Rain Spoiling Georgia’s Cotton Crop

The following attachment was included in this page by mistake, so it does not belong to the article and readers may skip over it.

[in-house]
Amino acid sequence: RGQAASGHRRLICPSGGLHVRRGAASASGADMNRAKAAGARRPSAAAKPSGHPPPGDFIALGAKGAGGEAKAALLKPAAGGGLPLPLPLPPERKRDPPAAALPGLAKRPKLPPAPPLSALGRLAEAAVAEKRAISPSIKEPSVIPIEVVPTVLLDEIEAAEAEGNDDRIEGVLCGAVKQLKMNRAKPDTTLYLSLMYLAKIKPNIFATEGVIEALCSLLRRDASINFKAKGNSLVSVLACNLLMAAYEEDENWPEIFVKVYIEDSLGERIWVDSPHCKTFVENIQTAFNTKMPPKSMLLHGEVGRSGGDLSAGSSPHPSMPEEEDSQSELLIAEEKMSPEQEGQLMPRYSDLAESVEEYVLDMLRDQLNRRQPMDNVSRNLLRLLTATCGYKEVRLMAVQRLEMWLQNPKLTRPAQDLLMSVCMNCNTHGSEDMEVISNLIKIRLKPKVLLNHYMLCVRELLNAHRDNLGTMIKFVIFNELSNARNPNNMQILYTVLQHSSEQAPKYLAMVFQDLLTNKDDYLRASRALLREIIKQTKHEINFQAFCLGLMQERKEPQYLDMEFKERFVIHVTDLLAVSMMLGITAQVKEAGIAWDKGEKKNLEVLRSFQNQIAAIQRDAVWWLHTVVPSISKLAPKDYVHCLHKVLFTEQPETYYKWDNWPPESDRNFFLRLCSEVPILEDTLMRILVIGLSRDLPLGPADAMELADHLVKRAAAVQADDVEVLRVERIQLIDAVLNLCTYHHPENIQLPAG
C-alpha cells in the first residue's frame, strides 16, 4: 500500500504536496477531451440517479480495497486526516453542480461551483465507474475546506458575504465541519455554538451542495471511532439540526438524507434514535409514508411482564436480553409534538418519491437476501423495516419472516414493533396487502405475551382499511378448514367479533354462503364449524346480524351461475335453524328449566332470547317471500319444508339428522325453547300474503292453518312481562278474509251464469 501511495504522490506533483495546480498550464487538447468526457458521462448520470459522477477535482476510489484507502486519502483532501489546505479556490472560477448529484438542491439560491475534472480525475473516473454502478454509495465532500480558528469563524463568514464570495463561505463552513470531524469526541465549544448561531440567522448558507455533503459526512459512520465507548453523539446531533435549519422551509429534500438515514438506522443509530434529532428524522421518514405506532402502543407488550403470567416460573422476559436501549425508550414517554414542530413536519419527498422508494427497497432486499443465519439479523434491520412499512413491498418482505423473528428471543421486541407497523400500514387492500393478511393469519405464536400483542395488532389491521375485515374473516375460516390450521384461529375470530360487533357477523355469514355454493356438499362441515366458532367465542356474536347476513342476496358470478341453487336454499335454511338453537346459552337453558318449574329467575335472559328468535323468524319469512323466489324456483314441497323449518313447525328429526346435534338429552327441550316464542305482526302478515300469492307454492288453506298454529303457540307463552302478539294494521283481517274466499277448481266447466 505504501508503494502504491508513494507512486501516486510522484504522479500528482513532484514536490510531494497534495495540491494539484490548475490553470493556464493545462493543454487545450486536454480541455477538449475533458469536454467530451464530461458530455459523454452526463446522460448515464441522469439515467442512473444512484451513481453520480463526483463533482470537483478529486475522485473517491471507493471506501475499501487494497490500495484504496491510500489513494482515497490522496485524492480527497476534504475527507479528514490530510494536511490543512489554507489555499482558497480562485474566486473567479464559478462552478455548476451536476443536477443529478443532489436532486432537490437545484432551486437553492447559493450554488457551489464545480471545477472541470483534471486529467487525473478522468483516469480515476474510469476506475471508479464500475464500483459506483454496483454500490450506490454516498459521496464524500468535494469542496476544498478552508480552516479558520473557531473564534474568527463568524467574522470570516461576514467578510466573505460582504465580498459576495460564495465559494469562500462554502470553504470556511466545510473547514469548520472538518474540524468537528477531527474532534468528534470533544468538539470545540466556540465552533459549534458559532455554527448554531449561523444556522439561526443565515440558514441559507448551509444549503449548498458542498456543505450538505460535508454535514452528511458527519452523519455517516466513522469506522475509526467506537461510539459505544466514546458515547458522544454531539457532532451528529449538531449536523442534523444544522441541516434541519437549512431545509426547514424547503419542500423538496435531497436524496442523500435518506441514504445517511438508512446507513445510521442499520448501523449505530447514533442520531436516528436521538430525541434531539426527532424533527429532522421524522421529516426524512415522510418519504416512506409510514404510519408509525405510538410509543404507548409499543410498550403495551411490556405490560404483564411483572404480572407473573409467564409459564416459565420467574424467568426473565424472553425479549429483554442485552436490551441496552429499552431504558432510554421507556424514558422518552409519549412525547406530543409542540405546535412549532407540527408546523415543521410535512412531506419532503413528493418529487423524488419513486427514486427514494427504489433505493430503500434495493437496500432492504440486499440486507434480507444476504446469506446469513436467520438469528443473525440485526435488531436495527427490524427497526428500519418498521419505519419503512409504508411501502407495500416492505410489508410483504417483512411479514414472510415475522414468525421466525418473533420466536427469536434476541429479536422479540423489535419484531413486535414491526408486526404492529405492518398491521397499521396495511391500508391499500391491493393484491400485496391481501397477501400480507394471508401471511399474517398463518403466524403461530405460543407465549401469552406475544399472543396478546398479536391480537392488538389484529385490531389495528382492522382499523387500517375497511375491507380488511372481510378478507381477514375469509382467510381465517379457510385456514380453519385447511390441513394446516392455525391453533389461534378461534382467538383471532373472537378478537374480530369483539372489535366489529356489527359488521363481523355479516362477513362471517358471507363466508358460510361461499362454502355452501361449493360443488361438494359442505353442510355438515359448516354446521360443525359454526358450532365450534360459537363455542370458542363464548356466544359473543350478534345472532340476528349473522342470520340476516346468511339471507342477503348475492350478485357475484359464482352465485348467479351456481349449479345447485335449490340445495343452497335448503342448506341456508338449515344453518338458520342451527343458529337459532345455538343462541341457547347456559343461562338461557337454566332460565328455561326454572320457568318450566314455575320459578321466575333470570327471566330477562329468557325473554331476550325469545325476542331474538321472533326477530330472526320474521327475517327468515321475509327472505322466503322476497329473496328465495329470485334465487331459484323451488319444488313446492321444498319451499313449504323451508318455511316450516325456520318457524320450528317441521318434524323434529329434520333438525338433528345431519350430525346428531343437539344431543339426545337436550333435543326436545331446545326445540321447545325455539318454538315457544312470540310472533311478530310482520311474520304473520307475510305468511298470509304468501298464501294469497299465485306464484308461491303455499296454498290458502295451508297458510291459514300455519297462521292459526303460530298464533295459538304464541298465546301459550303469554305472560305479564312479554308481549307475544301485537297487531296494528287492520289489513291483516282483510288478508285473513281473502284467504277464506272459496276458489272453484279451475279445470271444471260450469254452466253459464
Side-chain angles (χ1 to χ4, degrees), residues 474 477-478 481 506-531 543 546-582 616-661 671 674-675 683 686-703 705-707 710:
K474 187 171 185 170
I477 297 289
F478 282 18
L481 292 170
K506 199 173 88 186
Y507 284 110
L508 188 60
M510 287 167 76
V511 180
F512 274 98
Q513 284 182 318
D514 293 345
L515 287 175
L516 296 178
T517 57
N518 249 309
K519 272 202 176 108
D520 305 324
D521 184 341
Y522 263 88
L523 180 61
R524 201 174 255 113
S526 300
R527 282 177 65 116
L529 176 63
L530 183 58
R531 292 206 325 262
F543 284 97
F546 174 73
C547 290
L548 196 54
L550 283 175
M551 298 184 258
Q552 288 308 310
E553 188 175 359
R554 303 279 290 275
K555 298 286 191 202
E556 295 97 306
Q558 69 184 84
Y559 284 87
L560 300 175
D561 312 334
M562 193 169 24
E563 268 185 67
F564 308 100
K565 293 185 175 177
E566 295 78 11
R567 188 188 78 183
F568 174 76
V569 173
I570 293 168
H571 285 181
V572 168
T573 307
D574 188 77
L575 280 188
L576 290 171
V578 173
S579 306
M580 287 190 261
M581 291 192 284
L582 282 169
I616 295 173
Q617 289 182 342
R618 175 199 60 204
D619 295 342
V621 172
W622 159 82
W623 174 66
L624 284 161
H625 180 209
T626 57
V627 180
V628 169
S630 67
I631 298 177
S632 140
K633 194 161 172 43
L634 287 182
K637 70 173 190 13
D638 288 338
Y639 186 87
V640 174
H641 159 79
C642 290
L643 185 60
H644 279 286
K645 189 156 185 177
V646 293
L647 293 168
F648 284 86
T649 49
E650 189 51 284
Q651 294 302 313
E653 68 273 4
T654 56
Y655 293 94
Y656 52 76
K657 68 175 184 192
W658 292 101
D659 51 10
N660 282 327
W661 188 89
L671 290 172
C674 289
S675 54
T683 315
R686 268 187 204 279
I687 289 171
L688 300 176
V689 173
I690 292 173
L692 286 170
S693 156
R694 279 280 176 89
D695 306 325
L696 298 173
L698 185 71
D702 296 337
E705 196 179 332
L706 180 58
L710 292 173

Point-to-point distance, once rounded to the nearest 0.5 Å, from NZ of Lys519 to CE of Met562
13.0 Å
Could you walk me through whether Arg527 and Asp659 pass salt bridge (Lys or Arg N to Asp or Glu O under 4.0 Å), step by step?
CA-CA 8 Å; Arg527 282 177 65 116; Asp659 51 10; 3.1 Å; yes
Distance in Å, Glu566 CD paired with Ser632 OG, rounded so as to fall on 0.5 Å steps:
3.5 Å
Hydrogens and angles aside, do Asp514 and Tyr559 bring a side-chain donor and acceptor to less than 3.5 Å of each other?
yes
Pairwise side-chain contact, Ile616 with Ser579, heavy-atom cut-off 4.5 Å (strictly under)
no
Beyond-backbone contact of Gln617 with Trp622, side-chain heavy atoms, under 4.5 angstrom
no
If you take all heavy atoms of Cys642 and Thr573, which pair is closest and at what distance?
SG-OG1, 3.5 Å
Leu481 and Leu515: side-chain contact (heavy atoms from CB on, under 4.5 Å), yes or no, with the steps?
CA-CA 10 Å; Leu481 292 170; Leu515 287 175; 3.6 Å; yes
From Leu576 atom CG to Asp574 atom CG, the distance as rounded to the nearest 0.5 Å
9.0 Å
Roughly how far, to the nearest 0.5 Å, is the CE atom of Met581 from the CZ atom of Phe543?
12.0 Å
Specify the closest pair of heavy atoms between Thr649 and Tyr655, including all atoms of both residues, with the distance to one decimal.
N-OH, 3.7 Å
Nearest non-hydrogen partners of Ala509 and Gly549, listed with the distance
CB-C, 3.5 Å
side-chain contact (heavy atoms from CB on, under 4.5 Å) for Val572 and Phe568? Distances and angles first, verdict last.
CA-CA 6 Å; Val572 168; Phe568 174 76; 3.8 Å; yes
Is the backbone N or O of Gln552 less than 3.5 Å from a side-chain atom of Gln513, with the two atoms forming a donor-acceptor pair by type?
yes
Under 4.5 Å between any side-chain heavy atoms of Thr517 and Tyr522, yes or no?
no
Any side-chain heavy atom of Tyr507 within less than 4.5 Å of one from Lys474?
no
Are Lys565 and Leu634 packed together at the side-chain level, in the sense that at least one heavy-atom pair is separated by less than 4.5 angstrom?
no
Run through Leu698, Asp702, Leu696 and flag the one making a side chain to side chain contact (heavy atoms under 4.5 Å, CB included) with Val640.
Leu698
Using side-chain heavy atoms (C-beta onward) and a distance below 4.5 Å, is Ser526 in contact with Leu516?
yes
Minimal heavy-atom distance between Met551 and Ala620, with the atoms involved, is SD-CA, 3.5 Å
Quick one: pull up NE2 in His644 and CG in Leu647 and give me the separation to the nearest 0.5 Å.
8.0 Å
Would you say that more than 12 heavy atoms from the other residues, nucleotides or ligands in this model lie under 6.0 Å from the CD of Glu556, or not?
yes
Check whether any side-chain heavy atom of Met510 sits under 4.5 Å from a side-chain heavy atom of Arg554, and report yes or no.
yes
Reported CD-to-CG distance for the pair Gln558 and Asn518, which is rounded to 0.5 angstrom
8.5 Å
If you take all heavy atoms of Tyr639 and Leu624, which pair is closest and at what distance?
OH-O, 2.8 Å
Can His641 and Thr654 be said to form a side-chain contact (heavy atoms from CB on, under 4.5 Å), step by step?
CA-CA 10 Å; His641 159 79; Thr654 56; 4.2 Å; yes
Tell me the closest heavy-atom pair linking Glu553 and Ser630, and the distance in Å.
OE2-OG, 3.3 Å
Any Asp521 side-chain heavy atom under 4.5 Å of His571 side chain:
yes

first_imgWhen rain keeps on dropping, you can’t pick very much cotton. Cottonthat gets wet loses its value. And, for Georgia farmers, that’s no reasonto whistle Dixie.”We’ve had over 20 inches of rain since Sept. 25,” said SteveBrown, a University of Georgia ExtensionService agronomist. “Rain on cotton that’s ready to harvest reallydeclines its color, its quality, its grade and makes for considerable lossesto Georgia farmers.”Brown estimates those losses to be between $50 million and $100 millionjust in quality factors alone in the 1997 Georgia crop. The crop has alreadybeen damaged by late-summer drought and insects.Last year, Georgia ranked third in the nation’s cotton production, behindTexas and California, bringing in more than 2 million bales from nearly1.35 million acres harvested.”Statistics indicate that we still have harvested only about 77 percentof our crop, compared to the more than 90 percent normally harvested atthis time,” Brown said. “Almost 25 percent of the crop is still in thefield and farmers are really pushing to get it out.”Continued rainy weather is halting the harvest.”A lot of folks are discouraged,” Brown said. “Fields are so wet, it’sgoing to take considerable drying before they can get back in and harvest.”Patience has always been the hallmark of prudent farmers, and this yearis no different.”Keep plugging,” Brown advised. “When you get days of sunshine thatallow you back in the field, try to make the most of it. Get just as muchcotton as absolutely possible.”Getting in the field is a cinch.ÿ Getting out of the field is asticky and expensive problem for farmers.”Most farmers who have picked cotton the past few weeks have been stucknumerous times, too many to count,” Brown said. “There is so much incentiveto get in the field.ÿ And yet when you get stuck, there’s a lot ofmachinery that can be bent and twisted and damaged. So it’s a trade- off.”Dry weather is still a ways off as rain still dominates the forecast.”It just means more delayed harvest,” Brown said. “We’re going to seecotton harvested well into January, I suspect, in some areas of the state.”Mother Nature did keep Jack Frost at bay until mid-November, which Brownsays is the best farmers can hope for.”The cool weather really hasn’t been positive or negative,” he said.”We didn’t get an early October freeze. That would have killed us.ÿBut not seeing cold weather until mid-November in most places in Georgiaprobably helped us.ÿ The plants were able to make a little more cottonthat we otherwise would have lost.”Despite widespread drought, last year’s state average production was747 pounds per acre. Since August, this year’s crop estimates have beencoming down, down, down, Brown said. The latest USDAestimate, released Dec. 10, predicts a harvest of 662 pounds per acre inGeorgia.”We could wind up with an average of 100 pounds below last year,” hesaid. “It may even be more than that.”last_img

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